English Landscape Garden Designers
In consequence of all these theories and tendencies of the age, the Landscape Garden came into being. The first man who in practice attempted to “ pluck the ripe fruit " was William Kent; and little as he was able to accomplish in this form of art, he saw how to imitate those models which were required by the new style, if it was to be freed from its fetters by landscape gardening. England, to be sure, was by no means opposed to the imitation in pictures of the kind of landscape that the poets had revealed; but the Continent was well ahead with its great landscape painters: Claude Lorraine, Salvator Rosa and Poussin for the South; Everdingen, Ruysdael, and other Netherlanders for the North, though the English were beginning to study the work of these men with enthusiasm. If at first Claude and Poussin were preferred to the Northerners, it was because their fine, well-kept, formal landscapes were more suited to the sentiment of an age which approved Addison’s dictum, that Nature was at her happiest when she came nearest to Art.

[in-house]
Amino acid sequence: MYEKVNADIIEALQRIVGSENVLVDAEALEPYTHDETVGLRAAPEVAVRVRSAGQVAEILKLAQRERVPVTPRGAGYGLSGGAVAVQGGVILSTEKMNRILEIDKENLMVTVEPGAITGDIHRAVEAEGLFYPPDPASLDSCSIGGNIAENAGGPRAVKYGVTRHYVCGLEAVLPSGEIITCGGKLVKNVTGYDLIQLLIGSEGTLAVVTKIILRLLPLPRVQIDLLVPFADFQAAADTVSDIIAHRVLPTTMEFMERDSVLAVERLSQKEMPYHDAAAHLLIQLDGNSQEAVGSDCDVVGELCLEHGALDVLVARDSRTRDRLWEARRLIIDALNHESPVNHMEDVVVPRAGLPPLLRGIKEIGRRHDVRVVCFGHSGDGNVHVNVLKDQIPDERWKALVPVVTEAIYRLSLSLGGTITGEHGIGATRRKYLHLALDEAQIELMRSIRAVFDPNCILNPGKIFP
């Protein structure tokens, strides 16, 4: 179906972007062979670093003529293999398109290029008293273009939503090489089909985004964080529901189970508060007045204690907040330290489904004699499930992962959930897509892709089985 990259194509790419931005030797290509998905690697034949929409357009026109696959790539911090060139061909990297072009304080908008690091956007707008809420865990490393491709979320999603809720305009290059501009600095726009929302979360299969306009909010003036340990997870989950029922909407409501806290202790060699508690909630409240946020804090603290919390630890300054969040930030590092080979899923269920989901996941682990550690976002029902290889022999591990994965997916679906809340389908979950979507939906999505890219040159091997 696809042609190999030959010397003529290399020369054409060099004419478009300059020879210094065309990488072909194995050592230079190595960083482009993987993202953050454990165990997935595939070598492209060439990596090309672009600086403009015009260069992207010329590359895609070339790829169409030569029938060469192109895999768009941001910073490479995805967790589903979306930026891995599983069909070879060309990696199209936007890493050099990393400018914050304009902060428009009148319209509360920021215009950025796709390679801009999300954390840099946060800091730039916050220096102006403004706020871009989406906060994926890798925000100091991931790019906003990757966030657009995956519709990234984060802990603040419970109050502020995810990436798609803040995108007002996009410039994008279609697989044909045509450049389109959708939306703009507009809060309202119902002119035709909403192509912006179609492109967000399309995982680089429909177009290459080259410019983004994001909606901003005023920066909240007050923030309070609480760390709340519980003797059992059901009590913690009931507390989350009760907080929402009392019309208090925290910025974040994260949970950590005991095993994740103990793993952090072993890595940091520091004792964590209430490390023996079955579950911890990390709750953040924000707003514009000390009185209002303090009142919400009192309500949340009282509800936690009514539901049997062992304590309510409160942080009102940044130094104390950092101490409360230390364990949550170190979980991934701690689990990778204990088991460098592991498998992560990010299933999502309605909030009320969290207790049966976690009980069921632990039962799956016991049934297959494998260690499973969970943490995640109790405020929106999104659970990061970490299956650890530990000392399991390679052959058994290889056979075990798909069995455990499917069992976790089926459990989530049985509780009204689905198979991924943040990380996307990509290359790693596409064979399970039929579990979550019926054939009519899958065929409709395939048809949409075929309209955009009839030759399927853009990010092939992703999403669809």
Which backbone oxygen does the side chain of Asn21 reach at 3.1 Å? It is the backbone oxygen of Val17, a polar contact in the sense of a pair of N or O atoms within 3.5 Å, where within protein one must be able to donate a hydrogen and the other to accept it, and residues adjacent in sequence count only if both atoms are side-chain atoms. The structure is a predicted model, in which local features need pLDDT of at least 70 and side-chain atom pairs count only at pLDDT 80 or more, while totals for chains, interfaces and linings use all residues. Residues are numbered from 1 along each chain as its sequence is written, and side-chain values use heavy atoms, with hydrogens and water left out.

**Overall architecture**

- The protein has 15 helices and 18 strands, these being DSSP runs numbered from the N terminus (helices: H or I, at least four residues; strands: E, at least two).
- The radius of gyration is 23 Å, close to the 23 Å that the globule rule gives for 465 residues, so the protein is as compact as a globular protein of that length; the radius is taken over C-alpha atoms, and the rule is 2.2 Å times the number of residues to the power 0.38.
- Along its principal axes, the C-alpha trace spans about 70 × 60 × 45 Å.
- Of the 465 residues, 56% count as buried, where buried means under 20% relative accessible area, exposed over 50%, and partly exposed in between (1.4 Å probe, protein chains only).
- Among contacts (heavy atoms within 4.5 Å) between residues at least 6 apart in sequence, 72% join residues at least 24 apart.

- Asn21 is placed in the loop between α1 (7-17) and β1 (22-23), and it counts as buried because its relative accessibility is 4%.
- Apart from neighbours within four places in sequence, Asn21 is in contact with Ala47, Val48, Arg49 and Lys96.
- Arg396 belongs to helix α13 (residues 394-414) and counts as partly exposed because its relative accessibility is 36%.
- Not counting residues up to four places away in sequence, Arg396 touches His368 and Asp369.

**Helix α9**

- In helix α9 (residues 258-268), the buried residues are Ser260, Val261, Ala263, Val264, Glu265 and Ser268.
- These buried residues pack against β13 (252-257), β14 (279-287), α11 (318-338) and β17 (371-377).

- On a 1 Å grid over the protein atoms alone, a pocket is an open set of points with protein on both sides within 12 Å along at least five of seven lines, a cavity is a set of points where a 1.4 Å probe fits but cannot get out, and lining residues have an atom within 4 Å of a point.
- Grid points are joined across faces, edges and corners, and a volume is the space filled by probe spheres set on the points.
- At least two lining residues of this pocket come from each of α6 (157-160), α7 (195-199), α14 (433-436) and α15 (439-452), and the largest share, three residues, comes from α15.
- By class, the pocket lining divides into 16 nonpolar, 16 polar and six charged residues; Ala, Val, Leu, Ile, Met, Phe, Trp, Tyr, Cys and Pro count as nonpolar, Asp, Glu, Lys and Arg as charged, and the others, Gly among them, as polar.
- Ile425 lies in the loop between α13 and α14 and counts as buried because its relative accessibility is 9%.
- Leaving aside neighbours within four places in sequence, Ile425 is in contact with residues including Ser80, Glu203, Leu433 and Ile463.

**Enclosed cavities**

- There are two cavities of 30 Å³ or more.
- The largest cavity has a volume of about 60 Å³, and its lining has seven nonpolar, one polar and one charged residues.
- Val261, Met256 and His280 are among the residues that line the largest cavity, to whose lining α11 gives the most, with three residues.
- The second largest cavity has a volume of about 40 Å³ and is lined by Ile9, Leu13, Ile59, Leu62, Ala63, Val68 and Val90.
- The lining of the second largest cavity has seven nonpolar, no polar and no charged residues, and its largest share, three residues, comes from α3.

Kent himself, who was only a coach-painter before his patron, the Earl of Burlington, noticed him and sent him to Italy, learned in the South, if not actually to paint pictures, at any rate to see things, and compare them. It occurred to him, as it had done before to Addison, that the style of Italian gardens was not nearly so out of character with the landscape as was that of the North. He saw how the painters of the South had often taken an actual garden as subject for a picture because they admired it; and the merit of Kent is that he did not, full of this idea, rush on to a further imitation of the same things; but when, after his return, he had acquired an authoritative position in matters of taste, he was the first man to lay out a garden in an unfettered artistic manner, taking his ideas from the surrounding landscape. His motto was, “Nature abhors straight lines.” It is easy to see how hereby he was making war on the old style, not only in regard to the ground-plan but in every detail. Straight paths were to be carefully avoided, all water-works, even fountains, were tabooed; only a lake with irregular banks, or a river that flowed like a snake through the grounds, might remain. The artist’s scheme of light and shade was expressed in trees and bushes: they were allowed to grow freely, but were planted according to Pope’s rule of contrast, and gardens were like pictures in this respect also, that perspective had to be taken into account, so that one way led on to a second view, or even to a third. The lawn, which always played an important part in the English garden, often spreading out close in front of the windows of the house in a square of dark green with no path through it, is required by Bacon and even by the theorists of the early eighteenth century to serve as a carpet contrasting in colour with groups of bushes and trees.